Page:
Say it clearly and you make it beautiful, no matter what.

Bruce Weigl, The Impossible

Impossible is a phenomenal exploration of vulnerability, violation, and the sacred. Simply put, it is a beautiful poem. A beautiful poem about childhood sexual abuse.

The language is crude, stark, and lovely. Bruce Weigl understands sound, structure, line breaks … okay, you get the point. This is not what makes Impossible beautiful.

Beautiful writing depends upon truth. Truth is sacred — worth regarding with perpetual, ceaseless awe. Truth requires more than syntax, style, or voice. A lot more.

Truth and beauty are not equivalent, but they are the same.

This much I know:

It takes courage to rip open your chest cavity and reach in. It takes audacity to tear out your heart. And finally, it takes vulnerable strength to hold it – to hold it in humble spaces.

Pleasurable language and attention to craft are not enough.


I’m not a big believer in writer’s block. Most of my motivation issues are fueled by reviser’s block.

When running, I seem to do much better after a warm up and some stretching. I write like I run. Sometimes the warm up is a list of observations. Sometimes I try to answer an unanswerable question.  Sometimes I write mediocre pantoums before switching to free verse.

Here’s one of my favorite warm up prompts :

  1. Create a stockpile of words. Cull the good stuff from magazines, the newspaper, or any other print media. I cut out words and throw them in an old pencil tin. My public libraries sells old magazines for 25 cents.
  2. Invade your stockpile of words. Start by selecting three words at random.
  3. Toss the words over your page. Paste them where they land.
  4. Create a poem by writing around your words.

How do you prepare for writing and revising?

He should have known. Instinct and reflex
Earned twenty five years without an accident.

His gin and Lipton reeks of last night’s
Swing shift. The chill of morning
Cloaks the back porch where he sits
Marred by the memory

Of pink slips bright against
Blue-stained coveralls.

Another sip and a body falls
From the gutter, wings folded

Into itself. There is no flight,
Just a bird
Nestled by stick fingers.

One of the most common gripes about poetry is that it’s an elevated art form. In other words, it’s for university elitists and intellectual snobs. Poetry can definitely be “high art” but it can also be (more) accessible than the novel you bought at the drug store. Contemporary poetry has room for everyone.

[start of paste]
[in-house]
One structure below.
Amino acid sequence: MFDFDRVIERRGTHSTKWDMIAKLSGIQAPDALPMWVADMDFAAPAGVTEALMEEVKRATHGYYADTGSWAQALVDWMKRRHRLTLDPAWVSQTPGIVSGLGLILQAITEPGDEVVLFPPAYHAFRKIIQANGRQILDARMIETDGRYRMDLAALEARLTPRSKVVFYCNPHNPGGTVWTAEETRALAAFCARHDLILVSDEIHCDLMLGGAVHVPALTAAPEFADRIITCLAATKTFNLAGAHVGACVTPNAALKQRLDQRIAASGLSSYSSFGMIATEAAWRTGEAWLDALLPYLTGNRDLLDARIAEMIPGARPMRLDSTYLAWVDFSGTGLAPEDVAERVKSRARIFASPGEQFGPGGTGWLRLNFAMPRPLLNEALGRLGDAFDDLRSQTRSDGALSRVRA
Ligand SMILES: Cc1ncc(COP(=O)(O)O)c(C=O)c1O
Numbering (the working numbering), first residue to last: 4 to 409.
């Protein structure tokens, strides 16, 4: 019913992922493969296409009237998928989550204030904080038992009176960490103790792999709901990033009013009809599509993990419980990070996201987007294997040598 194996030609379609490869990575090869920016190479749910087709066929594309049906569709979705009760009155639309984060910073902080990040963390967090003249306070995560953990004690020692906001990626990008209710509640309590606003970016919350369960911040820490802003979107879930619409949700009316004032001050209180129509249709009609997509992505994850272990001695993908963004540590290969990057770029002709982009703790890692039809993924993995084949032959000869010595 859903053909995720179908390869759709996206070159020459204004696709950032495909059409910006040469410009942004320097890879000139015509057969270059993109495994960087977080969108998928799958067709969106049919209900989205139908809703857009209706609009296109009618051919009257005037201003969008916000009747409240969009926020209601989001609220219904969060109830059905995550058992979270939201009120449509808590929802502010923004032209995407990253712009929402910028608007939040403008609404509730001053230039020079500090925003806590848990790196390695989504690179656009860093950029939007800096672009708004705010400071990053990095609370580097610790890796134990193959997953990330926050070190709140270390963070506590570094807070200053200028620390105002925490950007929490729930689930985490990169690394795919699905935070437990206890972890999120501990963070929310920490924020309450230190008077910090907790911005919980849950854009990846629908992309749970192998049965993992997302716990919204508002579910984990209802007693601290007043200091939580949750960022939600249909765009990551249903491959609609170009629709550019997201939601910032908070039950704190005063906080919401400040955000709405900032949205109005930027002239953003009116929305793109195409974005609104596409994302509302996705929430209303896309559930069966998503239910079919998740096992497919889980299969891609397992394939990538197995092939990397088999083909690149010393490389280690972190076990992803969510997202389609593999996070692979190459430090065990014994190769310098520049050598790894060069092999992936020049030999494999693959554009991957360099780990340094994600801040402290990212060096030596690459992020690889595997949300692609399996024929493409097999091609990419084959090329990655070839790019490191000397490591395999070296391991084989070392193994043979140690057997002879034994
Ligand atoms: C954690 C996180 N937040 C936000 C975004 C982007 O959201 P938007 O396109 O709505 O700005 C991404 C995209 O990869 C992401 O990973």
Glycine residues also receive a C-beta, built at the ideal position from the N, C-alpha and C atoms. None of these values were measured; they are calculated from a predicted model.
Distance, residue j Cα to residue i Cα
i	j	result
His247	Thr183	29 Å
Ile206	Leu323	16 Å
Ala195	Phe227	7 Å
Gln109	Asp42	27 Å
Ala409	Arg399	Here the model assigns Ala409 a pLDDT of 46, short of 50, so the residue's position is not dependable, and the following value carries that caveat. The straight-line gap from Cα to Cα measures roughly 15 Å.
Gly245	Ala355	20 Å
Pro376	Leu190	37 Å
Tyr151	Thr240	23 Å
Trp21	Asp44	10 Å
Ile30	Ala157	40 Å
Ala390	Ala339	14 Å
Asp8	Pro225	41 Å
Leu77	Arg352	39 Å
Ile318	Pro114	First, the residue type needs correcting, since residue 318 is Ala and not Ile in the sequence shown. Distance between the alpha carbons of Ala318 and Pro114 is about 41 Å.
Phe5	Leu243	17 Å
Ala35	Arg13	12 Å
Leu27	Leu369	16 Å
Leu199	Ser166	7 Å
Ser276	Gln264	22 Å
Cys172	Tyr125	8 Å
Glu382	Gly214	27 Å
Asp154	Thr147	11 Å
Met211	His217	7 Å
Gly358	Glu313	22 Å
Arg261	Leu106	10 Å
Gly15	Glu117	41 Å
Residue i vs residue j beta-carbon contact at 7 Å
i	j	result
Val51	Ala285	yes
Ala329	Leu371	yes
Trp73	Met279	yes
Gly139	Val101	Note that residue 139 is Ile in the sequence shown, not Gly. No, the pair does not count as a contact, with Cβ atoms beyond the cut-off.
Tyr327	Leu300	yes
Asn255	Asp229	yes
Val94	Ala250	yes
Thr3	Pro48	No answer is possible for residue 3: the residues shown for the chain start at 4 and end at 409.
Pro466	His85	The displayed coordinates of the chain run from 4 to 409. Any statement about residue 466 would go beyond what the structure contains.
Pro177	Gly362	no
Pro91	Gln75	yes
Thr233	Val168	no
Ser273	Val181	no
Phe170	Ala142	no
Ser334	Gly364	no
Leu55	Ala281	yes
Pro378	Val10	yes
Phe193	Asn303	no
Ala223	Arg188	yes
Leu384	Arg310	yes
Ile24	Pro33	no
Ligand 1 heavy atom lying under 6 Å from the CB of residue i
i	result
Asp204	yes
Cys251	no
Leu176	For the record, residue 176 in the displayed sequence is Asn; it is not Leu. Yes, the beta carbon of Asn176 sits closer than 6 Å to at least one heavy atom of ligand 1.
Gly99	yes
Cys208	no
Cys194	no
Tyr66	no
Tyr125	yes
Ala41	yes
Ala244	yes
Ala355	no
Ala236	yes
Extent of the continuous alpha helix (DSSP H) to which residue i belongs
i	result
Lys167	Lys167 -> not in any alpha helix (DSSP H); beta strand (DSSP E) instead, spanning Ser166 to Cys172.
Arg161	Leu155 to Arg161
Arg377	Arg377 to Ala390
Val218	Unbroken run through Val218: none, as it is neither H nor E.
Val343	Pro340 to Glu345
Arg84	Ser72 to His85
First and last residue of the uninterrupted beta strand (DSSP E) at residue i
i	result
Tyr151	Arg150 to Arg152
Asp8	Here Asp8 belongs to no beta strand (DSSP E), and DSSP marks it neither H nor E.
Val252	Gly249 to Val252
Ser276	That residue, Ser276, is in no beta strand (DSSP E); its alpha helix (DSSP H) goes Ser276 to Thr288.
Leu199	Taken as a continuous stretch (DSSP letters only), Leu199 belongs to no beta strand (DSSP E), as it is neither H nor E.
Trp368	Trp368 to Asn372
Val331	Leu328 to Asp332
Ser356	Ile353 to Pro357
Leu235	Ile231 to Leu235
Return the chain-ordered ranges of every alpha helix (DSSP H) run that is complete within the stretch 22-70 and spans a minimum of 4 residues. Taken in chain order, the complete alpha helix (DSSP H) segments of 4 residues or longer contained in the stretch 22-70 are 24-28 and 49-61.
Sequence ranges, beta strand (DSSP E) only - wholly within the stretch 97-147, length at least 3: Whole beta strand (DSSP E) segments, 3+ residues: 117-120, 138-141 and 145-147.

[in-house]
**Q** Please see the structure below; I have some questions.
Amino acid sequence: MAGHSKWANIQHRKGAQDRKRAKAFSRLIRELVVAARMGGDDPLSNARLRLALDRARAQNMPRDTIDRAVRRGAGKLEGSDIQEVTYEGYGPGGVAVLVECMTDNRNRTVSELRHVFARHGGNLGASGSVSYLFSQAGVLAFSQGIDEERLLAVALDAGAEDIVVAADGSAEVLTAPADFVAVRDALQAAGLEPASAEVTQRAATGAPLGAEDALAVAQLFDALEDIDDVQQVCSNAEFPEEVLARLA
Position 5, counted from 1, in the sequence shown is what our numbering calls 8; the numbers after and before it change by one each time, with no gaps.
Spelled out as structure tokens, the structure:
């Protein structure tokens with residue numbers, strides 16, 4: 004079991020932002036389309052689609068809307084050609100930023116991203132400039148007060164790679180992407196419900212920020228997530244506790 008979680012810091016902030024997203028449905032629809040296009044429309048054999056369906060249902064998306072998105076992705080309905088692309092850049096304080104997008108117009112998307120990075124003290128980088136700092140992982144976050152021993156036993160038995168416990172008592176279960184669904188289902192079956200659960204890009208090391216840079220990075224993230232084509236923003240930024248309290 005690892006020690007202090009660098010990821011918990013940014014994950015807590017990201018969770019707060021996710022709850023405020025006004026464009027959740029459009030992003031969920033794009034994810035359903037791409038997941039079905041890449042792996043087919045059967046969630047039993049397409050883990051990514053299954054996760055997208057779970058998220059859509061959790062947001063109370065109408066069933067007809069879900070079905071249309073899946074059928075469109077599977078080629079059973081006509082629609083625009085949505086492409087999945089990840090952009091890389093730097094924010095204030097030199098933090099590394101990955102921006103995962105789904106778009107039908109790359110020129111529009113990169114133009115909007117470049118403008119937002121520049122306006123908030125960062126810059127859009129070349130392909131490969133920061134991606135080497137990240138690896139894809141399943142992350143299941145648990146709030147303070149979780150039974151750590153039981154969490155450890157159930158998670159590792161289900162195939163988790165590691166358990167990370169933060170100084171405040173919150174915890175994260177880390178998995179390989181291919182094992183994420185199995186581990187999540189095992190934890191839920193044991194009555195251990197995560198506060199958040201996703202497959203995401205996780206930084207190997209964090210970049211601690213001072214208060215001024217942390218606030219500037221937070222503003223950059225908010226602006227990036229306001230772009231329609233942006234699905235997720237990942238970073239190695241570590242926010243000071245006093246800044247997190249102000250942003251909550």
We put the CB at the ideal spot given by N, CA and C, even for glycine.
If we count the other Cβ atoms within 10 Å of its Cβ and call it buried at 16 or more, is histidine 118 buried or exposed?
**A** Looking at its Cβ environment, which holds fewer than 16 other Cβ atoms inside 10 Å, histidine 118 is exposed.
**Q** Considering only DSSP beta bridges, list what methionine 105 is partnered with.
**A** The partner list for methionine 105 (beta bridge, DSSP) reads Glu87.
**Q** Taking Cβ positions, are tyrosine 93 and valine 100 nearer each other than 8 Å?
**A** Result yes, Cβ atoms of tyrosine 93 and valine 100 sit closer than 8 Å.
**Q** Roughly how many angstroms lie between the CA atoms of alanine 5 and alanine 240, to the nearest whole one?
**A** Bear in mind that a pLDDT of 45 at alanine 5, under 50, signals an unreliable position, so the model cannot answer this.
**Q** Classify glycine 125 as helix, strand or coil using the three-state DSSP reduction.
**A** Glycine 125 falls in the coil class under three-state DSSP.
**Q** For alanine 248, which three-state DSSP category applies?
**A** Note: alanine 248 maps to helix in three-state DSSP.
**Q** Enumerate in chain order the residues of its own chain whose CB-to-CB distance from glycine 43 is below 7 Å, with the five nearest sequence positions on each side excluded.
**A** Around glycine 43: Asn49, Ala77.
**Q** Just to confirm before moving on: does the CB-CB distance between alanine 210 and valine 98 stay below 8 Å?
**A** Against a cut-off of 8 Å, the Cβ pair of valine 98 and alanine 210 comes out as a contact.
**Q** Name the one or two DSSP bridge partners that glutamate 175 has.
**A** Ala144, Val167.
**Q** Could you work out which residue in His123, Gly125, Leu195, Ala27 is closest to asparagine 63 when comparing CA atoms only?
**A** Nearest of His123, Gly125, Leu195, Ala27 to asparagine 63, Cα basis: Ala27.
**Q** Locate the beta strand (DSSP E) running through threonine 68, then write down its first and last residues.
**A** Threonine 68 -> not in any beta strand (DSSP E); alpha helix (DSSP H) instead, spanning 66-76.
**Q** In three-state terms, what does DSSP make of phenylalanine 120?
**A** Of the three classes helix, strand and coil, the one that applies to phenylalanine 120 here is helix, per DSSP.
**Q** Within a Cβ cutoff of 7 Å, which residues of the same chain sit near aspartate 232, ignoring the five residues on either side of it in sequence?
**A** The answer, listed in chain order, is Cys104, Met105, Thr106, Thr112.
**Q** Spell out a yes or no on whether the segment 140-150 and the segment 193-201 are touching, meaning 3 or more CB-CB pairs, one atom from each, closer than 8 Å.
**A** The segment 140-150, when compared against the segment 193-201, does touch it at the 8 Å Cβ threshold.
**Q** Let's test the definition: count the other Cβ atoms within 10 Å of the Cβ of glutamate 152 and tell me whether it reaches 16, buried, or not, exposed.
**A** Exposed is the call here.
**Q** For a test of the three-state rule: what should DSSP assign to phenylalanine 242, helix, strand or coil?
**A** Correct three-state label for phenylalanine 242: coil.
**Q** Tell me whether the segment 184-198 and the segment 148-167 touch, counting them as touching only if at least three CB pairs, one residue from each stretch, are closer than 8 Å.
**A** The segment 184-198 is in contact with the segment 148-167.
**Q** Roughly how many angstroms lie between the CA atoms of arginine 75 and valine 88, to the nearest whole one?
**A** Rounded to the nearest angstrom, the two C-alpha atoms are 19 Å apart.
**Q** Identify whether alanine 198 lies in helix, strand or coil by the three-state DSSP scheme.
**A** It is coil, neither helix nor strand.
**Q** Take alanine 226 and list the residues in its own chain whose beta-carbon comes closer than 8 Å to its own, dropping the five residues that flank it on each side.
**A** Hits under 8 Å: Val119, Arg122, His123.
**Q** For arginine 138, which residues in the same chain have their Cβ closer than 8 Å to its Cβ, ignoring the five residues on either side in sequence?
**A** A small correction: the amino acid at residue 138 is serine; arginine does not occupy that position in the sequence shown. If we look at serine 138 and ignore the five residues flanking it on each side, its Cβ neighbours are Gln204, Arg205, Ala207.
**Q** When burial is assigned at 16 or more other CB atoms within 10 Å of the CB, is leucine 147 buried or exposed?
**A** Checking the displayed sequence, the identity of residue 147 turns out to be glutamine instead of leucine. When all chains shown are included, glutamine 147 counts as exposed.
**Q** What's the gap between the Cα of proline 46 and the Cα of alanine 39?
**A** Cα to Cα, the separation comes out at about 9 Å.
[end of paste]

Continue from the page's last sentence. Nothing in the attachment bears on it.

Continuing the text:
Recently, I was introduced to Jennifer Knox. Check out her Hot Ass Poem.

Hot Ass Poem
Jennifer Knox

Hey check out the ass on that guy he’s got a really hot ass I’d like to see his ass naked with his hot naked ass Hey check out her hot ass that chick’s got a hot ass she’s a red hot ass chick I want to touch it Hey check out the ass on that old man that’s one hot old man ass look at his ass his ass his old man ass Hey check out that dog’s ass wow that dog’s ass is hot that dog’s got a hot dog ass I want to squeeze that dog’s hot dog ass like a ball but a hot ball a hot ass ball Hey check out the ass on that bird how’s a bird get a hot ass like that that’s one hot ass bird ass I want to put that bird’s hot ass in my mouth and swish it around and around and around Hey check out the ass on that bike damn that bike’s ass is h—o—t you ever see a bike with an ass that hot I want to put my hot ass on that hike’s hot ass and make a double hot ass bike ass Hey check out that building it’s got a  really really hot ass and the doorman and the ladies in the information booth and the guy in the elevator got themselves a buttload of hot ass I want to wrap my arms around the whole damn hot ass building and squeeze myself right through its hot ass and out the other side I warn to get me a hot ass piece of all eighty-six floors of hot hot hot hot ass.

Buy Jennifer’s book here.

An old woman sits dead-eyed
near an upturned cardboard box,
rosary beads clicking through her fingers.
The cardboard covers the corpse
of an infant. There’s not enough fabric
to shroud the body.

On the streets of Port-au-Prince, lost
children tremble as if aftershocks originate
from their broken bodies. Men dig
through remnants of home
for fathers and daughters and strangers.
The crevices of their hands

crack like fault lines.

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